Produce Boat - article

Delivering fresh produce to Maine coast islands

By Sharon Lovejoy

A small group of people stood above the Christmas Cove landing on Rutherford Island and scanned the brilliant blue waters. "There she is," a man said as he picked up a basket and walked down the gangway to greet the incoming boat.

The Beth Alison, a trim, 34-foot New Haven sharpie, glided silently into the landing. Within seconds, a young pony-tailed man lifted canvas awnings and secured them, then began unloading tin buckets brimming with fresh cut flowers.

Beneath an awning, David Berry, captain, organic farmer and marketer extraordinaire, rang an old brass school bell -- the same one, owned by his grandmother, that once summoned reluctant students into a Fall River, Massachusetts, classroom. Now it was used to alert islanders that the Merrymeeting Farm market boat had arrived and was ready for business.


Earning a living in an unusual way is nothing new for Berry. A Bowdoin graduate and a self-described "jack-of-all-trades," he has built homes, taught English in Italy, made maple sugar "till the sugar house burned down in 1976," harvested oysters in the Damariscotta River, went commercial fishing, worked on the cruise schooners on Penobscot Bay, and "always farmed a bit during the short Maine summers." That "bit" of farming has evolved and grown, and keeps both Berry and his talented wife Alison busy year round.

In the 1950s, Berry joined his family's poultry business at Merrymeeting Farm; the land had been settled by his family in the 1930s. In the early days, he conducted a "carriage trade of chicken and eggs," delivering to customers in Boothbay and Christmas Cove.

Today, Berry and his wife tend 2 1/2 acres of crops, two greenhouses for tomatoes, and continue the family poultry operation that supplies restaurants and health food stores. As if that weren't enough, Alison makes jams and puts up pickles and chutneys, and supplies an array of fresh-baked goods. Her sticky buns, known far and wide, are one of the most popular products the market boat sells.

How does such an earthbound enterprise end up on the ocean? "In the 1980s, the Maine Maritime Museum in Bath asked me to store a boat in my barn," said Berry.

It was a wonderful, roomy, stable workboat, originally used for harvesting oysters on Long Island Sound. "I took one look at her," Berry said, "and told them 'I should be storing that for you in the river, not the barn’."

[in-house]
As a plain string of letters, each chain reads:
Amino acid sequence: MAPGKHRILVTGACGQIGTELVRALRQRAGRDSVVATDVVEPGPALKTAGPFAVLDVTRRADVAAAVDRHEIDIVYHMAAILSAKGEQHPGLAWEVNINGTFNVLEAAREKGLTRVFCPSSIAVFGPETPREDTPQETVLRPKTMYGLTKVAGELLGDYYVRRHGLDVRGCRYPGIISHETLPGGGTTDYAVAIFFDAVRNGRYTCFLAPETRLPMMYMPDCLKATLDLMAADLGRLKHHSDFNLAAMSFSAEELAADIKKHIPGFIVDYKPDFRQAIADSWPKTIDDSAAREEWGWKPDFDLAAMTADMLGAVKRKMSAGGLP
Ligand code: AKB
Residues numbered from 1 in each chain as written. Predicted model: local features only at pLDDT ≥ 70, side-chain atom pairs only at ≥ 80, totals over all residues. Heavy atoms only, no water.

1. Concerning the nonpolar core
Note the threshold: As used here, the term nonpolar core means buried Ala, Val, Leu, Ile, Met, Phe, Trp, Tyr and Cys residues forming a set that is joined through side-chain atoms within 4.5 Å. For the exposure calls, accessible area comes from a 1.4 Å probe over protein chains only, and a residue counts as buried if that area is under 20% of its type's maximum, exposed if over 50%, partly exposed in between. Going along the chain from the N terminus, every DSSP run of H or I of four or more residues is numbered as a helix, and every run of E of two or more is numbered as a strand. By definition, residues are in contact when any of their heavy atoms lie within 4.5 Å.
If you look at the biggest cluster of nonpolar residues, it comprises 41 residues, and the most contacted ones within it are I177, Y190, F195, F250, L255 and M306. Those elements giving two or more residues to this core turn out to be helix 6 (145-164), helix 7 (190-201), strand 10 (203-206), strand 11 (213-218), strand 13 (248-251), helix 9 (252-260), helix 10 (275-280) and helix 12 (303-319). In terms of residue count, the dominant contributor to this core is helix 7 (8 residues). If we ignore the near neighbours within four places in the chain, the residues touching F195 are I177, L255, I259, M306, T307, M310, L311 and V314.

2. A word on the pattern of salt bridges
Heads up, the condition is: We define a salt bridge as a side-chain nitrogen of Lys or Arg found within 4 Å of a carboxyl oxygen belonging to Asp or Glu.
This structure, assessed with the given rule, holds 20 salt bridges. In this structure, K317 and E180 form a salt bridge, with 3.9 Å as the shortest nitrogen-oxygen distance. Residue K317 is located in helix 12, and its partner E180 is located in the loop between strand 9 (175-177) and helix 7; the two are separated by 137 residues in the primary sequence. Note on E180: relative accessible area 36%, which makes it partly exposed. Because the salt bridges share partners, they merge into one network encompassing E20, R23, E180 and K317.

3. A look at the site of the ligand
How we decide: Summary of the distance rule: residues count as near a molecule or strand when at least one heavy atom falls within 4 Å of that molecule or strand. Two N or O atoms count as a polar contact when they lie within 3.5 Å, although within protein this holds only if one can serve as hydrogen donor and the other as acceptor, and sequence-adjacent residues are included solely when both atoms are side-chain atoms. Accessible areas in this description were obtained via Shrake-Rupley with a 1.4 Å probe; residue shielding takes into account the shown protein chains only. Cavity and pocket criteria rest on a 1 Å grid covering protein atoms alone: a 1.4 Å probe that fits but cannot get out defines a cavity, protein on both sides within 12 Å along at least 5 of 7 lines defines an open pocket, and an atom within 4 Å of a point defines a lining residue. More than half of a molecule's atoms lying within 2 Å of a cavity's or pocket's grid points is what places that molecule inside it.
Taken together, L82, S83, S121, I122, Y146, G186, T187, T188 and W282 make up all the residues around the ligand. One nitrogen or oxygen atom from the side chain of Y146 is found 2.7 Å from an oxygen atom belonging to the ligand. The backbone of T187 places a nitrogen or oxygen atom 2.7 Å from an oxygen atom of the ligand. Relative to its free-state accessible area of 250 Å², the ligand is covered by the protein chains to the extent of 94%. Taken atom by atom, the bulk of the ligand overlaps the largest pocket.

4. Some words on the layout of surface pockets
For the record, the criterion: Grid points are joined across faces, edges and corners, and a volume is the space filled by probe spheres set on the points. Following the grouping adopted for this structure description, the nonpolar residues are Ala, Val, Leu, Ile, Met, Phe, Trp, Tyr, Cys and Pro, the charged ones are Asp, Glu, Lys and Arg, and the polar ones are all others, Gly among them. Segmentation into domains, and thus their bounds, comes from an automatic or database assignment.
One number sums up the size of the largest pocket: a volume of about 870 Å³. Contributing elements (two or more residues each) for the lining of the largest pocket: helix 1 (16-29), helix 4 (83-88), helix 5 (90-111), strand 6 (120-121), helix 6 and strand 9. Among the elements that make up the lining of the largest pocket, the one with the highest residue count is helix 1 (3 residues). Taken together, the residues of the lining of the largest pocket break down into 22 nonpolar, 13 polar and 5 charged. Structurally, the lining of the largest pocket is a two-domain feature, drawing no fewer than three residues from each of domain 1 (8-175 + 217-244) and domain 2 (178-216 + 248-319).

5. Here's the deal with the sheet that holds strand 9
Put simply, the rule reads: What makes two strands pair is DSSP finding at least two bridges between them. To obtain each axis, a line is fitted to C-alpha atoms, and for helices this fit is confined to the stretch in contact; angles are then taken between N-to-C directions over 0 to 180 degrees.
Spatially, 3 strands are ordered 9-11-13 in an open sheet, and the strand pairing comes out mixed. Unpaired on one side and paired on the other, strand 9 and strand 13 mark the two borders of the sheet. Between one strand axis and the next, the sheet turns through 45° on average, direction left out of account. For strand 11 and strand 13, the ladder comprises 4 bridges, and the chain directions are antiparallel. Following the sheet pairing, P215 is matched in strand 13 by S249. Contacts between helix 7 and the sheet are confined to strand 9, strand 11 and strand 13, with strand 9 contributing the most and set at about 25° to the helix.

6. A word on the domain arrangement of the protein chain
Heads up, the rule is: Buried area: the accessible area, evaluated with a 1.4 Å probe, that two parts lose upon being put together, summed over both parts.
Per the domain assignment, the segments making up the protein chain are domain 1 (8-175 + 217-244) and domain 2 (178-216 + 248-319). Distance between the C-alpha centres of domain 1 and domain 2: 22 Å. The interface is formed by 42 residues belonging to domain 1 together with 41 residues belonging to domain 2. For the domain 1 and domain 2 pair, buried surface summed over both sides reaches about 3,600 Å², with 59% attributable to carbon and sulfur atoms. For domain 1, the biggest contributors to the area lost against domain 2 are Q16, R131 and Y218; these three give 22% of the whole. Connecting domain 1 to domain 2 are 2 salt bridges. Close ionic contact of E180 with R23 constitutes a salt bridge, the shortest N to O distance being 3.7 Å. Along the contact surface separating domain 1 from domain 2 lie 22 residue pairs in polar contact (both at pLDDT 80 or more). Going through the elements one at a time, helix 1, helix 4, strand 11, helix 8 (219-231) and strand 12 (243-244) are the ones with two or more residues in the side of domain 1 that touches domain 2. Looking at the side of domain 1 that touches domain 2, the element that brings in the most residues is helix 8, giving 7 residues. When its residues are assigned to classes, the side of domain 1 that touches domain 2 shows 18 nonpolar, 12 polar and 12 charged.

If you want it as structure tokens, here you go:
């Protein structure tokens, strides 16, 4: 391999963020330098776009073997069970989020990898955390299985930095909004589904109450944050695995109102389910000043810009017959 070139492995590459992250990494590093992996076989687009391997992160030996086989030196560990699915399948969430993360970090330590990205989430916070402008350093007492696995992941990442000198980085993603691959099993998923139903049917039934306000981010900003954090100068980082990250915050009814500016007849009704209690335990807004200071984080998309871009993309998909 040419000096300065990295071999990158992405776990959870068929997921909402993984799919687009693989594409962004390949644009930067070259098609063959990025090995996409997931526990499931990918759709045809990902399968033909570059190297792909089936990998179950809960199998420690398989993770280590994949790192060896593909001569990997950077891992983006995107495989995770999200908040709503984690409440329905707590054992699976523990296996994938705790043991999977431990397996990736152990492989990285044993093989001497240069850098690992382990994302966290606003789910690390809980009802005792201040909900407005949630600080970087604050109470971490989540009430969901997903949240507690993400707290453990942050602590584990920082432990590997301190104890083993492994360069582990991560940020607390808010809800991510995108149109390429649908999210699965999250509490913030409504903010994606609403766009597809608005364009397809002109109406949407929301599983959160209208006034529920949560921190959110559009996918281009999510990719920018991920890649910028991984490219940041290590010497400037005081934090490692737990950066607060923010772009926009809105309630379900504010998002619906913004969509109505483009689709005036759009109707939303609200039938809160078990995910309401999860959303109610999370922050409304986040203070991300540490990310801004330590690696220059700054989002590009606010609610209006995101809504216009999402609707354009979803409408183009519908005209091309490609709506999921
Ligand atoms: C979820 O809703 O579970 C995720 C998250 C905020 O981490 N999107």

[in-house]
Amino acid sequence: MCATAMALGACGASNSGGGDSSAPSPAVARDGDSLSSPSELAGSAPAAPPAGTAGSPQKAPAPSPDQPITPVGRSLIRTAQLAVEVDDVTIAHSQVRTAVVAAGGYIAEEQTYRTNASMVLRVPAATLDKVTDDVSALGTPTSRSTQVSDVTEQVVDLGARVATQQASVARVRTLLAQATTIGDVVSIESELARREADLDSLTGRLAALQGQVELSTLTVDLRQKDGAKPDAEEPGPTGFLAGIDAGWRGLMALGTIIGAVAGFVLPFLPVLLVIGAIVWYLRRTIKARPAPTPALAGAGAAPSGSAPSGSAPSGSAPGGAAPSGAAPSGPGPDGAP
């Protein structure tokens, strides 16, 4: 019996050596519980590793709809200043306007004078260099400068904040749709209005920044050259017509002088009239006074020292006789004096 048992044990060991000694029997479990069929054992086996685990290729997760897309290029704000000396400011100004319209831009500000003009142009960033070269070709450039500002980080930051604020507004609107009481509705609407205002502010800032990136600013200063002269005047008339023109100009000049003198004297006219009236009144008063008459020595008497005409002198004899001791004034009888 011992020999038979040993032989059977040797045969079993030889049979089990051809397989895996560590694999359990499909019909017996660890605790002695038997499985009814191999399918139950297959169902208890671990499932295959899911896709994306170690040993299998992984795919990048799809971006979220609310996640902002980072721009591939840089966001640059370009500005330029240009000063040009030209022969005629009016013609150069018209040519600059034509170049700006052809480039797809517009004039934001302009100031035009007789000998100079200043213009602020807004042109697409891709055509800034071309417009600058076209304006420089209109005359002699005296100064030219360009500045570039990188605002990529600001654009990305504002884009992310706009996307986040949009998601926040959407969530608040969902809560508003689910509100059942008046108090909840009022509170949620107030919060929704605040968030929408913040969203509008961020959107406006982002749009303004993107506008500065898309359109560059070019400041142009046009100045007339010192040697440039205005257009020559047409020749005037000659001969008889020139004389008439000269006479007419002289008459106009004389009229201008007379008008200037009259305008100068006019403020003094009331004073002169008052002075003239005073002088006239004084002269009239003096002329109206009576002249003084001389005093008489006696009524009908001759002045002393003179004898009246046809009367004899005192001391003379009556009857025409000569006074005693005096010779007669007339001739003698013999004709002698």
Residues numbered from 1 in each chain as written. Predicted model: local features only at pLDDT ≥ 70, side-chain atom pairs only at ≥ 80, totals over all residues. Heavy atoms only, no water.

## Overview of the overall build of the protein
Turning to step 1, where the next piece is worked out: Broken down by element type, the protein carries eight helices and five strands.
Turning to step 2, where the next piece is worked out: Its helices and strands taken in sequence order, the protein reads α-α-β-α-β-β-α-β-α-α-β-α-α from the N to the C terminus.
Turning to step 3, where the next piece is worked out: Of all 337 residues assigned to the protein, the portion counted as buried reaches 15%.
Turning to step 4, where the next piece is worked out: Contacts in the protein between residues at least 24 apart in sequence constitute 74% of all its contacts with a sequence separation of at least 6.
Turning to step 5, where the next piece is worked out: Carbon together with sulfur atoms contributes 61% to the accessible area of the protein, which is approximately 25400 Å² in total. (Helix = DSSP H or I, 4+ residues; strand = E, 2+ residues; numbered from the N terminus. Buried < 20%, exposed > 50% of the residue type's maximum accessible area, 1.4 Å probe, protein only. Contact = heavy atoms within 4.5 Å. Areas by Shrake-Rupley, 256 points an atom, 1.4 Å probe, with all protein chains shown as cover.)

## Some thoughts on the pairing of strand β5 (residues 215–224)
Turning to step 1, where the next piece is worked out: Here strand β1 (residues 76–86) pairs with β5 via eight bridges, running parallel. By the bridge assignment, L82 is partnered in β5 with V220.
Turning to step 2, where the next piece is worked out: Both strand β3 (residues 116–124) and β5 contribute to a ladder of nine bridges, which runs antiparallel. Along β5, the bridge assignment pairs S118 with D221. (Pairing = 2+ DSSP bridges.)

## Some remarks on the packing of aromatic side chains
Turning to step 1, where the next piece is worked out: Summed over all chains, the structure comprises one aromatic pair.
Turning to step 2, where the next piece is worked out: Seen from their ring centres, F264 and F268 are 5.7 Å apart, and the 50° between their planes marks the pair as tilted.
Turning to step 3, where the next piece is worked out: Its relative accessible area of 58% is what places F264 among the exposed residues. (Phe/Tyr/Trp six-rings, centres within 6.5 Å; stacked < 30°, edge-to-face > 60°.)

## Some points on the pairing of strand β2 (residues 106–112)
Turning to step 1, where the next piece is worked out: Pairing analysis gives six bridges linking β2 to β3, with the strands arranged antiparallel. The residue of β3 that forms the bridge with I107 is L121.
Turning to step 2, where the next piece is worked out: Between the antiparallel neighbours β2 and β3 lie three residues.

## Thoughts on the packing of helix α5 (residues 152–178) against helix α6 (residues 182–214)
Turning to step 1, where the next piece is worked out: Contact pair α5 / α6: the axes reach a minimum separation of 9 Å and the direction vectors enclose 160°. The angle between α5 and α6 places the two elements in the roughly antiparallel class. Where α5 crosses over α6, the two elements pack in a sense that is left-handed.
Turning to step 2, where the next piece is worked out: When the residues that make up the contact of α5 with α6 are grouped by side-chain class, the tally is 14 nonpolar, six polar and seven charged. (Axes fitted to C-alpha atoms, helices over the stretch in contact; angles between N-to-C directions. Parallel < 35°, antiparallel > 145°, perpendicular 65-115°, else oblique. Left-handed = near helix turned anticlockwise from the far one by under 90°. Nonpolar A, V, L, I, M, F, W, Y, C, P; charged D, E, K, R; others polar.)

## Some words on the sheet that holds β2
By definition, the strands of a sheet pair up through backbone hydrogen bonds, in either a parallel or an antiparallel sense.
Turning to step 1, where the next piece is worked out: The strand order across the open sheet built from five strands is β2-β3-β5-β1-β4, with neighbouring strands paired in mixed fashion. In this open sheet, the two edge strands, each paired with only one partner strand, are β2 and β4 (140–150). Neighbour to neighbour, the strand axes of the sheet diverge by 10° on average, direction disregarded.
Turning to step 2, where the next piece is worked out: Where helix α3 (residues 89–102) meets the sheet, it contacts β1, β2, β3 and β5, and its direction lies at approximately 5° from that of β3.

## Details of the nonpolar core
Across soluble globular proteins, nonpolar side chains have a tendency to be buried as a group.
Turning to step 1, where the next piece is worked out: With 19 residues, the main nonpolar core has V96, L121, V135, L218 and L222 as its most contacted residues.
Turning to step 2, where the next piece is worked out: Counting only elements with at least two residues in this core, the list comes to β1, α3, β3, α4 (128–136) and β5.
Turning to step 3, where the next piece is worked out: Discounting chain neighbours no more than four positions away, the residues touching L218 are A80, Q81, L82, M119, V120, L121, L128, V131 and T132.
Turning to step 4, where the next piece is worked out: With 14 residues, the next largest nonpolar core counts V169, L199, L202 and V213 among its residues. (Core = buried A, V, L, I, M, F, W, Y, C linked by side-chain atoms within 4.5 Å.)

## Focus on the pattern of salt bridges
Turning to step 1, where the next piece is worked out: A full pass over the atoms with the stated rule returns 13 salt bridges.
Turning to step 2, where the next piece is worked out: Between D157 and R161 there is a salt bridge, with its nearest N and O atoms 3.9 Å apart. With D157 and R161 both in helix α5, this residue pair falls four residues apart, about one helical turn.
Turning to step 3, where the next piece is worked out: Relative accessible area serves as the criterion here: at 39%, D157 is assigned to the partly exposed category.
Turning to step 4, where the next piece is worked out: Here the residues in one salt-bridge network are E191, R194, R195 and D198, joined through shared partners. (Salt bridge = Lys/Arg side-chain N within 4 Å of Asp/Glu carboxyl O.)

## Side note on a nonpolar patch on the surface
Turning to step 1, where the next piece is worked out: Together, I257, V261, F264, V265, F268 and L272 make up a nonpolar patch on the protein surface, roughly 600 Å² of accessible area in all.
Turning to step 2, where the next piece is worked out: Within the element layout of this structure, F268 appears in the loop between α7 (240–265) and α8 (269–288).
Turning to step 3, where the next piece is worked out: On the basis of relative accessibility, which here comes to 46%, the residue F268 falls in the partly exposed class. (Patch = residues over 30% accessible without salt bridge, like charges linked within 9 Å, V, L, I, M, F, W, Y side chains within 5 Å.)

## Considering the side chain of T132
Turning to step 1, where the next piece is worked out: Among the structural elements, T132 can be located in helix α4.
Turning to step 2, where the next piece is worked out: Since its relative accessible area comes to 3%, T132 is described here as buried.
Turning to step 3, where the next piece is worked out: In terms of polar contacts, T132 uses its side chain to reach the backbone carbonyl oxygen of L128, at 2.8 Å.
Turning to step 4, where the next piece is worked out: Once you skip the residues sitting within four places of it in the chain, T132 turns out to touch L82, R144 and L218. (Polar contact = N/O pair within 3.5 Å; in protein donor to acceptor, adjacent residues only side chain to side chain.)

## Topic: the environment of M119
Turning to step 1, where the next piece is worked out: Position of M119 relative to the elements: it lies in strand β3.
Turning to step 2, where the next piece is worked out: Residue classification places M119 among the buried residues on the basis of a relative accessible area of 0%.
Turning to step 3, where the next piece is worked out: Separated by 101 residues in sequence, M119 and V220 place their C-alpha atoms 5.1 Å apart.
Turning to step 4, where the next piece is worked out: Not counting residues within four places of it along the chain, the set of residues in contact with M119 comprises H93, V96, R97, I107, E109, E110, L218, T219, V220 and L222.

They then struck a deal. "She is a perfect vessel," David Berry said, "my first and last boat." For the past 15 summers, the Berrys and several neighboring farmers and friends have kept the boat stocked with produce.

photograph by Lynn Karlin

(Island Market Boat - page 2)

"We try to have a laundry list of about 25 products," Berry said. "All produce from our farm is organic."

"I think it is really great that I can keep on doing this direct marketing," Berry added. Sometimes people expect organic products to look perfect, but my biggest problem seems to be that everyone arrives at the boat at the same time. It is a big rush of activity, but most folks wait patiently."

Surviving in Maine and doing exactly what you want to do is never an easy task, but David Berry has some pointers for people embarking on a business venture or adventure. "Keep your quality high, and cull out those things that don't measure up to your standards. Don't waste anything. Recycle and use your culls for pickles or chutneys or some other creation. When it comes to sticky buns that aren't fit to sell ... well, we just eat them ourselves."


About 4 a.m. every Friday, Berry loads up his products and departs for the Beth Alison, moored near a private wharf in South Bristol. By 8 a.m. the boat is stocked, and Berry is ready for a long day of work. Weathered wooden boxes display glossy red tomatoes, jade-green cucumbers, squash, tangles of *Haricots verts, and bags of mesclun garnished with edible flowers. Baskets of jewel-toned raspberries nestle against blueberries and a mound of newly dug red potatoes. Alison's large buckets of golden sunflowers and fragrant mixed bouquets crowd the narrow deck and create a festive atmosphere.

Christmas Cove is the first of many harbors where the Beth Alison calls. Heron Island, Squirrel Island, Capitol Island, Mouse Island, the Isle of Springs, and, finally, MacMahan Island -- by the end of day, Berry may have endured rain, wind, fog, blazing sun, and customers grousing because he has sold out of their favorite sticky buns, but he feels content.

Around 8 p.m., Berry and his helper return to the sheltered wharf in South Bristol. The longest day of the week is over, leaving Berry exhausted but exhilarated. As the crow flies, Berry hasn't traversed many miles, but all mariners know that a Maine nautical mile, with all its twists and turns, can be longer than any other mile in the U.S.

"I'm not looking to get rich or to have a bigger business," Berry said emphatically. "I just love doing this. It is a great way to get out on the water in the summer time."

Sharon Lovejoy is the author and illustrator of Trowel & Error (Workman), Roots, Shoots Buckets & Boots (Workman), A Blessing of Toads–A Gardener’s Guide to Living with Nature (Sterling), and The Little Green Island with a Little Red House (Down East Books), winner of the National Outdoor Book Award. She can be reached at

Click here to view a gallery of Market Boat images taken by contributing photographer, Lynn Karlin.